Artists We Love: Ruby Swinney


Local artist Ruby Swinney talks to VISI about her latest show at Zeitz MOCAA and what inspires her emotive artworks.

Tell us a bit about yourself.

I live in Cape Town and work full time as a practicing artist. I work out of a studio in Paarden Eiland. I graduated from Michaelis School of Fine Art in 2015. I was fortunate that Zeitz MOCAA bought my graduate show Half Light, and has been collecting my work ever since. My first museum solo show, Human Nature, will be coming to an end on 31 October 2018.

How did you come up with the concept for Human Nature?

Julia Kabat, who works at Zeitz MOCAA, curated the show. It reflects her conceptual, as well as her curatorial, ideas. The overall concept stems from the main themes she saw in my work. Human Nature is a broad term that encompasses many ideas that I explore in my practice.

What inspires your work?

I find inspiration in almost everything that I see in my direct environment. I also find inspiration in literature, music, art history and seeing what other artists are doing. I recently did a residency in Sicily and took the opportunity to travel to many museums and galleries throughout Portugal, Italy, France and Spain. I have a fascination with observing people interacting with public spaces, so I went with a particular focus on visiting botanical gardens and parks. I’ve built up a substantial collection of source material from that trip, much of which has informed my recent work, most noticeably in Red Garden, which is in the last room of Human Nature at Zeitz MOCAA.

What mediums do you use?

I mainly work with oil paint on translucent media, such as tracing paper, silk, perspex, as well as with projections. I’m interested in the qualities of light and luminosity primarily. I also make prints and installation works. I studied music as well as art, which is another avenue I plan to explore in my work in the future.

Prosaic Ritual of Youth

What process do you follow when creating your artworks?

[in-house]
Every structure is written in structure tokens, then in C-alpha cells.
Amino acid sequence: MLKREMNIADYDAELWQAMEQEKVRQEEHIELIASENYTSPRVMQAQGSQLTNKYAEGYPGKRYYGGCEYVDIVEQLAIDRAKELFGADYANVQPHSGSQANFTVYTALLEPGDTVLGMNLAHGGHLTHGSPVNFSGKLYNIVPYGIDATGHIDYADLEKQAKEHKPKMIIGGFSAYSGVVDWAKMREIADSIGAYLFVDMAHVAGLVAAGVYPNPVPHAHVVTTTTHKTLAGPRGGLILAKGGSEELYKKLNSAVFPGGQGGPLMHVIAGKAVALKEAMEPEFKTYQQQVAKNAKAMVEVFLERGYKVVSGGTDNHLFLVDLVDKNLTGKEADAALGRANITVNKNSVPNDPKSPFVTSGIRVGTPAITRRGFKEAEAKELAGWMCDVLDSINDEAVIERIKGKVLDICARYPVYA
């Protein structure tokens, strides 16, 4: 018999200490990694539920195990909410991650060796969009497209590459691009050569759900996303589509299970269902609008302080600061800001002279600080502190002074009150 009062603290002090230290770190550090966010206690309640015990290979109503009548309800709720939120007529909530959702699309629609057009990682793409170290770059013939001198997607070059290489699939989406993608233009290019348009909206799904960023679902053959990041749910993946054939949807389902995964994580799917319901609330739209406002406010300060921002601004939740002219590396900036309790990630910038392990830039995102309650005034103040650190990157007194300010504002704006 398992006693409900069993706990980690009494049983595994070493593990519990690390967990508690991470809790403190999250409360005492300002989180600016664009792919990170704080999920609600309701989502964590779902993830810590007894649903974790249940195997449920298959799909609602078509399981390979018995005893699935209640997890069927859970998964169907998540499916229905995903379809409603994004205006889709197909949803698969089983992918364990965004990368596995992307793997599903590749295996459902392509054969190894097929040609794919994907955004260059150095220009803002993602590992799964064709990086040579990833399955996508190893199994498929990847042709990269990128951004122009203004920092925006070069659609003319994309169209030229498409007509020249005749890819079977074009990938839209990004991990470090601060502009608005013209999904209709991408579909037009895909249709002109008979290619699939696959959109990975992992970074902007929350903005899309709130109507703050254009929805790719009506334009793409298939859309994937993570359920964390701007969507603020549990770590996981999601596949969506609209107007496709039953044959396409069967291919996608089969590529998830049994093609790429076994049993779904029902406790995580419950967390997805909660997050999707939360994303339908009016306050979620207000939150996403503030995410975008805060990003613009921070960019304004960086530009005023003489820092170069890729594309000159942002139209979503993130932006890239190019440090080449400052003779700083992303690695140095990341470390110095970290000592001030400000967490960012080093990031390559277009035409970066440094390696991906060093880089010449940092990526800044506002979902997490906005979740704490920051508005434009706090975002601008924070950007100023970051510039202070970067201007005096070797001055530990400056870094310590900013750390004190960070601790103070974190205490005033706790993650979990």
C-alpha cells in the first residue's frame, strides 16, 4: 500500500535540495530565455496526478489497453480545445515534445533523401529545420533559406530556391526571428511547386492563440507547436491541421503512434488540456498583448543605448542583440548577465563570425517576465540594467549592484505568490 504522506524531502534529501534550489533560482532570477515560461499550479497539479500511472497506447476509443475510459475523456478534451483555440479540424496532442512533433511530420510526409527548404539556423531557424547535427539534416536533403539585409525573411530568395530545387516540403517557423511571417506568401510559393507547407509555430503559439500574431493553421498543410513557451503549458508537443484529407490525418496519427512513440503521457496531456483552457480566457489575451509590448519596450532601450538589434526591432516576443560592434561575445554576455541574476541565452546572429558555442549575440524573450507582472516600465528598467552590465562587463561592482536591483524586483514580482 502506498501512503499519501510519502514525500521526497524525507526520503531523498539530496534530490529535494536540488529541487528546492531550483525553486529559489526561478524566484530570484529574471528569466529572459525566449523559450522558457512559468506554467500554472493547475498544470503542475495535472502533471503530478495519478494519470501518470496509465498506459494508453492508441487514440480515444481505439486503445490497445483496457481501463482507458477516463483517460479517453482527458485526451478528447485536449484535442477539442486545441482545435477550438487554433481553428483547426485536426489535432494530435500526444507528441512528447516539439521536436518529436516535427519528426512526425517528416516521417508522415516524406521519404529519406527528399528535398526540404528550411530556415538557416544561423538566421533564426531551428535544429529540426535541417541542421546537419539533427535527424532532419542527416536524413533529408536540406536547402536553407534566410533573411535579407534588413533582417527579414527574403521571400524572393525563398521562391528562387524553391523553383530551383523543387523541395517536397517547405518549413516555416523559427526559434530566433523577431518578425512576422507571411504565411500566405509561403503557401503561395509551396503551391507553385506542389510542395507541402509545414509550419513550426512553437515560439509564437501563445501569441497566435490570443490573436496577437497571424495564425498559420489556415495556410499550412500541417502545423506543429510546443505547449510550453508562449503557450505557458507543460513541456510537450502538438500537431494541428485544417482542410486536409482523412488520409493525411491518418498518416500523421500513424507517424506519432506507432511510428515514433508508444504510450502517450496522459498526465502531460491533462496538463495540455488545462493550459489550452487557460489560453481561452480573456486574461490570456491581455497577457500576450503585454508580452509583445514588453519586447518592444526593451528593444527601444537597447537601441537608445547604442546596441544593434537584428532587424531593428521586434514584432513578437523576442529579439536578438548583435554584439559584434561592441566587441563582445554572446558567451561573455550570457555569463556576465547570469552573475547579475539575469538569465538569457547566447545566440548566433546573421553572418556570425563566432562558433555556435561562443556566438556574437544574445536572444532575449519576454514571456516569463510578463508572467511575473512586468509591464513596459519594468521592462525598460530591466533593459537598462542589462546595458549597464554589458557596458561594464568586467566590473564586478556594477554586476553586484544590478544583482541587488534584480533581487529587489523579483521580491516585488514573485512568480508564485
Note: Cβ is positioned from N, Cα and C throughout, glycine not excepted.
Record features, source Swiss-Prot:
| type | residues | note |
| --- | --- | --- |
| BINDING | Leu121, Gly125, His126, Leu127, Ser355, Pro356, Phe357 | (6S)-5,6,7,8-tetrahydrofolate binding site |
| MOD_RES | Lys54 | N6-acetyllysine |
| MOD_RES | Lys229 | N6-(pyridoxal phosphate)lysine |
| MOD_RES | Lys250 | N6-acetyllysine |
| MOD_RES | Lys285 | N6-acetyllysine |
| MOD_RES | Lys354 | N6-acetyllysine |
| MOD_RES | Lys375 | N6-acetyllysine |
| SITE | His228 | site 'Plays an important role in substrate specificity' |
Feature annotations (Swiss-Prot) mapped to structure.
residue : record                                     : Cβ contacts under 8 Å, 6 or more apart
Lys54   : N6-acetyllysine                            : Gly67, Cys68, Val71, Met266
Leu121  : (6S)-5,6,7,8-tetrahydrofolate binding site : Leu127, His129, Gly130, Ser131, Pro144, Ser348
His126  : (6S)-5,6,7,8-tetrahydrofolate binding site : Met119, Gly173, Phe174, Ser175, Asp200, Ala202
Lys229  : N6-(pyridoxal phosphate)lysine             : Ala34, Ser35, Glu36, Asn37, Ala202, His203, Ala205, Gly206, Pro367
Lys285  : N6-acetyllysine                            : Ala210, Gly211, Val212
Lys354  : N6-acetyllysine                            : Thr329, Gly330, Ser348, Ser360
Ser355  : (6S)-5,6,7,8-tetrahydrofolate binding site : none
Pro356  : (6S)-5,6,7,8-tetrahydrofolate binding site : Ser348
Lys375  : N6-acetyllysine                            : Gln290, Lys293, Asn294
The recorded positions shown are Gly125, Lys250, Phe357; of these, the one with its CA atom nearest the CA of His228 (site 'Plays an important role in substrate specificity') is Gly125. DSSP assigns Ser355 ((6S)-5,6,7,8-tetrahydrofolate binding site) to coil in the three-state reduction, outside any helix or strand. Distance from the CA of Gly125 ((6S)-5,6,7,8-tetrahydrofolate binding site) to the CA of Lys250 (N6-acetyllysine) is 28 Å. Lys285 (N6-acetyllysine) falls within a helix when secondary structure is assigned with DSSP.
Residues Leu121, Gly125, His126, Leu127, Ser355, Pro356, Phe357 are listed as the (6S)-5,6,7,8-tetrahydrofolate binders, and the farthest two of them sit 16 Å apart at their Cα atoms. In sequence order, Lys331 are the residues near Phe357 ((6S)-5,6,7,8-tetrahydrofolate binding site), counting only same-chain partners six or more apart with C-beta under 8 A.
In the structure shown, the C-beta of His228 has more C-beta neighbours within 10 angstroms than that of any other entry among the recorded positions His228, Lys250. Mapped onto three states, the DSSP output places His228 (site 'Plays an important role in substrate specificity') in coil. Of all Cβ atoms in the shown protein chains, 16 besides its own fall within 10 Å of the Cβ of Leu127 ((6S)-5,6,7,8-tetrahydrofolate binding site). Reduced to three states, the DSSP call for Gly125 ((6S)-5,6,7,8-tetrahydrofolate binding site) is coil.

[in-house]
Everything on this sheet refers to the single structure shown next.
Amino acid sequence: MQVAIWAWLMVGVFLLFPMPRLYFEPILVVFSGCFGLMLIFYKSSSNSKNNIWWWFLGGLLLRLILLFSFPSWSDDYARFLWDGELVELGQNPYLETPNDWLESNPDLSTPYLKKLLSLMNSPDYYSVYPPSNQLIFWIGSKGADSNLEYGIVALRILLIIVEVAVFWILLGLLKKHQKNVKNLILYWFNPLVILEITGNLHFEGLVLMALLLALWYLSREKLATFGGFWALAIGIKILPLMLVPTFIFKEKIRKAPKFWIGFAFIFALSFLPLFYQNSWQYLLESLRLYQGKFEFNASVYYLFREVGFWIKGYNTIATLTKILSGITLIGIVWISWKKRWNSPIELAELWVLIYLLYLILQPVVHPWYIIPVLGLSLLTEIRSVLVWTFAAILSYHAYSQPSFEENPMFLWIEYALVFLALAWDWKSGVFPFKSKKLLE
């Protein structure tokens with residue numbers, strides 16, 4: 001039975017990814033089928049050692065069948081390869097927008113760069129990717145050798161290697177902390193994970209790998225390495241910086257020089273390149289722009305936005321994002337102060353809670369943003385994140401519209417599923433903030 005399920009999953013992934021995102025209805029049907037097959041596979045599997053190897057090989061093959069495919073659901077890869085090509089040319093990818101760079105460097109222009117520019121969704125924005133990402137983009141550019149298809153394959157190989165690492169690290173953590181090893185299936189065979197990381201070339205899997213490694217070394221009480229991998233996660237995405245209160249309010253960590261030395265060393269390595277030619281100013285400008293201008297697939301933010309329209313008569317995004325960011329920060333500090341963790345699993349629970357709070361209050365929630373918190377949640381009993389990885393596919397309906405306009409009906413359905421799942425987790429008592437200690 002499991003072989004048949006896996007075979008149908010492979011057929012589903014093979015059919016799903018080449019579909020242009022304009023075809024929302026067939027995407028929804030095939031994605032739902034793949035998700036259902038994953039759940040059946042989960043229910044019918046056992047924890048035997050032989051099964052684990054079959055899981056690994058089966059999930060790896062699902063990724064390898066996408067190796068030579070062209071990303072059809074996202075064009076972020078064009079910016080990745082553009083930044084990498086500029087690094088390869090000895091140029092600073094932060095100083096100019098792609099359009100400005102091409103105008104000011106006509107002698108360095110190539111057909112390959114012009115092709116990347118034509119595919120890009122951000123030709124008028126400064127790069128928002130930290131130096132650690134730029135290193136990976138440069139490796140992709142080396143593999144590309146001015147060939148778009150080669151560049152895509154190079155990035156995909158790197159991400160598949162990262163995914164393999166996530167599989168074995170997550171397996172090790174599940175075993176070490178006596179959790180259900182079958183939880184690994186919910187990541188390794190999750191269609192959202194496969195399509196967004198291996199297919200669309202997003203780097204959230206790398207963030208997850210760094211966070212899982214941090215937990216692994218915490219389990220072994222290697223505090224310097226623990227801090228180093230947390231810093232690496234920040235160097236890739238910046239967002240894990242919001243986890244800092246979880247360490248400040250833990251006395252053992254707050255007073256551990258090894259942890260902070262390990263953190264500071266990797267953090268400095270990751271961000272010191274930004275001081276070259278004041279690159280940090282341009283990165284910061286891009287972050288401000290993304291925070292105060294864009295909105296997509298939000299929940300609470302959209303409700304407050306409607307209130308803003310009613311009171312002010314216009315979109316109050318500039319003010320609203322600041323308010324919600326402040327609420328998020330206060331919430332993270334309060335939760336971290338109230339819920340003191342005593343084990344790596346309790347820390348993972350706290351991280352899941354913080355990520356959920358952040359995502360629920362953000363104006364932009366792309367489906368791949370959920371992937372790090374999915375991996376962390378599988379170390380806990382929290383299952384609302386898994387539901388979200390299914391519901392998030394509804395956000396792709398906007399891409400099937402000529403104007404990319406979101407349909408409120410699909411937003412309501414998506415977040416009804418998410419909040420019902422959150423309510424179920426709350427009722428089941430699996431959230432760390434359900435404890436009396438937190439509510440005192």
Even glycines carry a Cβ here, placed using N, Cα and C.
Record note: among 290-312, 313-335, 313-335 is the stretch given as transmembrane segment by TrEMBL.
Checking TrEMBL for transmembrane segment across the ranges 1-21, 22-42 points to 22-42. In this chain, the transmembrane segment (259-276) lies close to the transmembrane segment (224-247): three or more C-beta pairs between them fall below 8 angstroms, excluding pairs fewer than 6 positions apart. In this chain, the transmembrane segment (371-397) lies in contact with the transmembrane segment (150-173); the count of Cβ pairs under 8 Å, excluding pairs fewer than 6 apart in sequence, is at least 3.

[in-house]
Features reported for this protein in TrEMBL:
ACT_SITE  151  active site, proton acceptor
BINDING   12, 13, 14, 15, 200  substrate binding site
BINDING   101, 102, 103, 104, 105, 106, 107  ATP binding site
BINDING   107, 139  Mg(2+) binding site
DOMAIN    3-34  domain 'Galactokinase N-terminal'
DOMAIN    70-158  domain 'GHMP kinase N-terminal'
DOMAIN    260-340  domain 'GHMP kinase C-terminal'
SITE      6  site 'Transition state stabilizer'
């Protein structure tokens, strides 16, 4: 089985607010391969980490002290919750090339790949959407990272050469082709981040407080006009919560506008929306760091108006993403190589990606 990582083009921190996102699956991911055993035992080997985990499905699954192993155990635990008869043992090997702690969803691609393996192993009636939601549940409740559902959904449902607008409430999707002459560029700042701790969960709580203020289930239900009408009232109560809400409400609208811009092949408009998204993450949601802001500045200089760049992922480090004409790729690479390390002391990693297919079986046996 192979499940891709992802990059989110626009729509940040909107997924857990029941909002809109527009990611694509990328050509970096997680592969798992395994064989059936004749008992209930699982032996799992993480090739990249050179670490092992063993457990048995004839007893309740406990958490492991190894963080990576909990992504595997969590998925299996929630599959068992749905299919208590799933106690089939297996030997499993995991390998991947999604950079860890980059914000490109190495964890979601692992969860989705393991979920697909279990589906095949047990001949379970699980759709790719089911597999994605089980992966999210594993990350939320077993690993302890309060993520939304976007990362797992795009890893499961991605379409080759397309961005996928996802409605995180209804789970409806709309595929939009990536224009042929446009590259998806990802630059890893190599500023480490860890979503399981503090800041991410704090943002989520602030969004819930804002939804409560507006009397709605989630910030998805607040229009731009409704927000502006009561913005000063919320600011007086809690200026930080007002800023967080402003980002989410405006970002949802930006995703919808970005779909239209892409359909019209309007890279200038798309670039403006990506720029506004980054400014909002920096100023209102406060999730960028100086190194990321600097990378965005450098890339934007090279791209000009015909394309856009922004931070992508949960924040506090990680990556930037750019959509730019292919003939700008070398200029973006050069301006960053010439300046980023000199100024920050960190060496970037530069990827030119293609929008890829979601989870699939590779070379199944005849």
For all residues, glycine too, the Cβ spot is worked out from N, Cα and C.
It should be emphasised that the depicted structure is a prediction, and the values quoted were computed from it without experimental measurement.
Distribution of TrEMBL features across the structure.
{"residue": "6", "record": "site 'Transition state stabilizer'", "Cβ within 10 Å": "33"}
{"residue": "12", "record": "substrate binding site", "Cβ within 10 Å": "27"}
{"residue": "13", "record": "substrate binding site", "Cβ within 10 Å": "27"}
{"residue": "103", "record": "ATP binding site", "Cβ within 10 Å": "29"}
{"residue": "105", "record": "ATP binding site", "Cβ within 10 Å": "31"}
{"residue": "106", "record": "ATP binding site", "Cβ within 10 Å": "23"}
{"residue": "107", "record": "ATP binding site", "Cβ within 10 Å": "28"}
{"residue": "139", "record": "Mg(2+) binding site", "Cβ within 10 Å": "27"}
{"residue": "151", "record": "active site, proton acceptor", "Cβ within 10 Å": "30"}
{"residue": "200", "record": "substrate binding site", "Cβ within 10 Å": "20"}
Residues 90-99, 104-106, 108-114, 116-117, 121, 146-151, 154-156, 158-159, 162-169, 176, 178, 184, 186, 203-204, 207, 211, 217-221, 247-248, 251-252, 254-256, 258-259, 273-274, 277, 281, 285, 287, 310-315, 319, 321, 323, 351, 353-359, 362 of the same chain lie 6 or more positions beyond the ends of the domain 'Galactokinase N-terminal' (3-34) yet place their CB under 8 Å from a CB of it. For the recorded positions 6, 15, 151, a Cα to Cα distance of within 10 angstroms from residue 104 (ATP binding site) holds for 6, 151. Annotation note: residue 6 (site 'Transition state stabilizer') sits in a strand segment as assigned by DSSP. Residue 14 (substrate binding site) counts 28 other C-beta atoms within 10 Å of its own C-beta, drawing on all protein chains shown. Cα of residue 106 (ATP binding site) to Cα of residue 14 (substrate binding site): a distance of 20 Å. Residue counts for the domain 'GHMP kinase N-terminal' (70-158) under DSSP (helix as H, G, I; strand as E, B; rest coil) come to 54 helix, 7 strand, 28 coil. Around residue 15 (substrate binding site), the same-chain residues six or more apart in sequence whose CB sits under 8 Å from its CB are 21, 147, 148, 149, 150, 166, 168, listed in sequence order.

I am usually drawn to a specific image, or I will photograph something that particularly interests me. I sometimes use Photoshop or manipulate the image while I am painting. I paint in a reductive way – I often remove paint to allow light to shine through instead of using white paint or opaque pigments.

Are there any local illustrators / artists on your radar at the moment?

South Africa has so many brilliant artists, but I particularly look to local women artists like Marlene Dumas, Jane Alexander, Penny Siopis, Sanell Aggenbach, Lisa Brice, Zanele Muholi and Nandipha Mntambo. Painters like Kate Gottgens and Georgina Gratrix are constantly making inspiring work. Wim Botha is also a huge inspiration, and his current show at the Norval Foundation is outstanding. Many of my peers who studied with me are making exciting new work. Michaela Younge, who shows with SMITH Studio makes incredible pieces from felt; Simphiwe Ndzube, who’s currently living in Los Angeles, combines installation, sculpture and painting in a unique, new way. I don’t know a lot about the illustration side of things but I love Tyla Mason’s illustrations.

What feeling are you trying to evoke through your pieces?

I’m trying to evoke a space of introspection. It takes time to take in the details and the full painting. Like an altarpiece in a cathedral, I want people to be able to enter into another psychological and emotional space in front of my work.

Mystery of Faith

Any exciting plans for the future?

I have a couple of shows planned. I will be exhibiting at a group show in Amsterdam, and am working towards my next solo with my gallery WHATIFTHEWORLD next year.

See more of Ruby’s work at